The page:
It should be noted my Saturday SiriusXM MLB Network Radio partner Erik Halterman warned that Nola (and Zack Wheeler) could be subject to a decline of this nature after the Phillies endured a longer playoff run than any team in history.

I may be all wet, but I still trust Nola to find the lost zip and/or make adjustments. 

Kevin Gausman, Zac Gallen or Corbin Burnes?

PitcherToutsTwitter
Kevin Gausman51.6%30.1%
Zac Gallen38.7%46.2%
Corbin Burnes6.5%23.7%

The subliminal questions here are

  1. Do you feel Burnes will rebound?
  2. If no, who do you like more, Gausman or Gallen?

I chose Gausman, so my answer to the first question is no, or at least, not fully. I favored Gausman heading into the season and thus far, nothing he or Gallen has done has changed my mind. Considering how well Gallen is pitching, this is more of a pro-Gausman take than anti-Gallen. Even though it's likely unwarranted, I give Gausman a slight edge in durability.

One of the tricks to this sort of exercise, at least for me, is looking at everyone under the same objective lens. I say for me because some take each case individually, and when faced with the same set of factors, they come to different conclusions, perhaps injecting some form of bias.

In this case, there are some similarities between Nola and Burnes. The reason for their respective struggles isn't exactly the same, but there are parallels. What I need to avoid is confirmation bias, since I was higher than the field on Nola, but a bit lower on Burnes. If my contention is Nola is too good not to figure things out, doesn't Burnes deserve the same treatment?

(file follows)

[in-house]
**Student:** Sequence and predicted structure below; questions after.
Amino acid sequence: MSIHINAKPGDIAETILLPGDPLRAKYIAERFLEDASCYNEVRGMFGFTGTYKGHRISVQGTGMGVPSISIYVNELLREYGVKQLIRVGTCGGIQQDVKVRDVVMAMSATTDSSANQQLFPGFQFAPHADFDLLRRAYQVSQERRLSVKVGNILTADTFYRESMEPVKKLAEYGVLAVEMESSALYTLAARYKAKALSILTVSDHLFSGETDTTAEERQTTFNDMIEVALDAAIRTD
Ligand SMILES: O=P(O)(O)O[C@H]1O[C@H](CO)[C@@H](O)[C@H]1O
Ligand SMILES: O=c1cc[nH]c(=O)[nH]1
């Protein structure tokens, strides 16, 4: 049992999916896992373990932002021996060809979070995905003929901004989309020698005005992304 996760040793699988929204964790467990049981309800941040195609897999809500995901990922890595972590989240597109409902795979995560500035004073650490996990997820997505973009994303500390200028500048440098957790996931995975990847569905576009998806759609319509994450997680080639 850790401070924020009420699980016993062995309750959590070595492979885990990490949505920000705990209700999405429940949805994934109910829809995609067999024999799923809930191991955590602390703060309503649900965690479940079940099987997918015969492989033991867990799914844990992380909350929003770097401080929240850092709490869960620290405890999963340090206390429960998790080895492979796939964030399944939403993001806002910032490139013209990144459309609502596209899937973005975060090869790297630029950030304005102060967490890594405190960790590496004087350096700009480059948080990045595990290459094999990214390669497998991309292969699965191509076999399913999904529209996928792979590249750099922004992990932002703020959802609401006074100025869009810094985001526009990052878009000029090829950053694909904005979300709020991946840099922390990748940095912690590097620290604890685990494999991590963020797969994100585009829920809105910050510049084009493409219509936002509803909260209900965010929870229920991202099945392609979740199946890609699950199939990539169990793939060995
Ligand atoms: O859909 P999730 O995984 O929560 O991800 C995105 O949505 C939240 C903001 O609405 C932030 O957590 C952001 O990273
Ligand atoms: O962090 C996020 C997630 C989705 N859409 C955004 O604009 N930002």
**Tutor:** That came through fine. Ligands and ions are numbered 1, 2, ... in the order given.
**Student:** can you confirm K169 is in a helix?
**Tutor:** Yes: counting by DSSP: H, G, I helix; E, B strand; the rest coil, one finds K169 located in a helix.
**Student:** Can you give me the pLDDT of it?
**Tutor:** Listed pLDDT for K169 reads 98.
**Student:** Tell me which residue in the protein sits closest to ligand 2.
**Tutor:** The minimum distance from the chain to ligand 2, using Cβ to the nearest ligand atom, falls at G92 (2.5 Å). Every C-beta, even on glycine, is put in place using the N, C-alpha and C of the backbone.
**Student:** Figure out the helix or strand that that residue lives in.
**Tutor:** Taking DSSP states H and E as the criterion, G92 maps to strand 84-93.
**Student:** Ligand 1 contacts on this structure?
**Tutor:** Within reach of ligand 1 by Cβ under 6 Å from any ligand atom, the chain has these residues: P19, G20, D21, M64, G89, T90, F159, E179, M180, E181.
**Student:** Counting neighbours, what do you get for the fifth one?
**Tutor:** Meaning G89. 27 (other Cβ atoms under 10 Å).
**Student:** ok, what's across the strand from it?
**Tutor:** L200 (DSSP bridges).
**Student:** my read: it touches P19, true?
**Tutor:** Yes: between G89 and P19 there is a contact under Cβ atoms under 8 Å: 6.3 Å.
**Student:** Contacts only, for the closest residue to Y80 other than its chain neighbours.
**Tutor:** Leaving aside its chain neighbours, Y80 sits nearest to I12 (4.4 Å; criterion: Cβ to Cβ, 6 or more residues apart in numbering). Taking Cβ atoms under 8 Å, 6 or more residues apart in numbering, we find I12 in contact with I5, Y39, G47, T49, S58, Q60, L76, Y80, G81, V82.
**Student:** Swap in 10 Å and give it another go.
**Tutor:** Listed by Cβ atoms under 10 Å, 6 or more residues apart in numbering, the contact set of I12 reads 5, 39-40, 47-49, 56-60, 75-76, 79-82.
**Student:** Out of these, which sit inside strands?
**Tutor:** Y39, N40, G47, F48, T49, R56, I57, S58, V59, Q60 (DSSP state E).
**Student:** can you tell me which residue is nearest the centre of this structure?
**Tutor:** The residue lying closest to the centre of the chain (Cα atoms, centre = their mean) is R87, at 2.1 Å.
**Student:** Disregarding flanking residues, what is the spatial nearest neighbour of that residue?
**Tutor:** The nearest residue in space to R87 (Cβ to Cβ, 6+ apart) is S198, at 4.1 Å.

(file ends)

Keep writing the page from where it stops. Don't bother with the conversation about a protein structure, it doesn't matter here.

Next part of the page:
Burnes' velocity is down which is cratering his strikeouts. He's walking more hitters as well, matching Nola in both areas. Burnes isn't dealing with the hangover from extra postseason games, but he is coming off his first 200-plus innings campaign.

Maybe it's rationalization to satisfy my bias, but my gut feel is Nola has a better chance of regaining his velocity and/or adjusting, while I'm concerned Burnes can't do the same. The main reason is we've seen Nola do it already in previous seasons. That is, he has a longer track record than Burnes, though Burnes' peak numbers are superior to Nola.

Bryce Miller, Chris Sale or Alek Manoah?

PitcherToutsTwitter
Bryce Miller38.7%44.3%
Chris Sale58.1%44.7%
Alek Manoah0.0%11.1%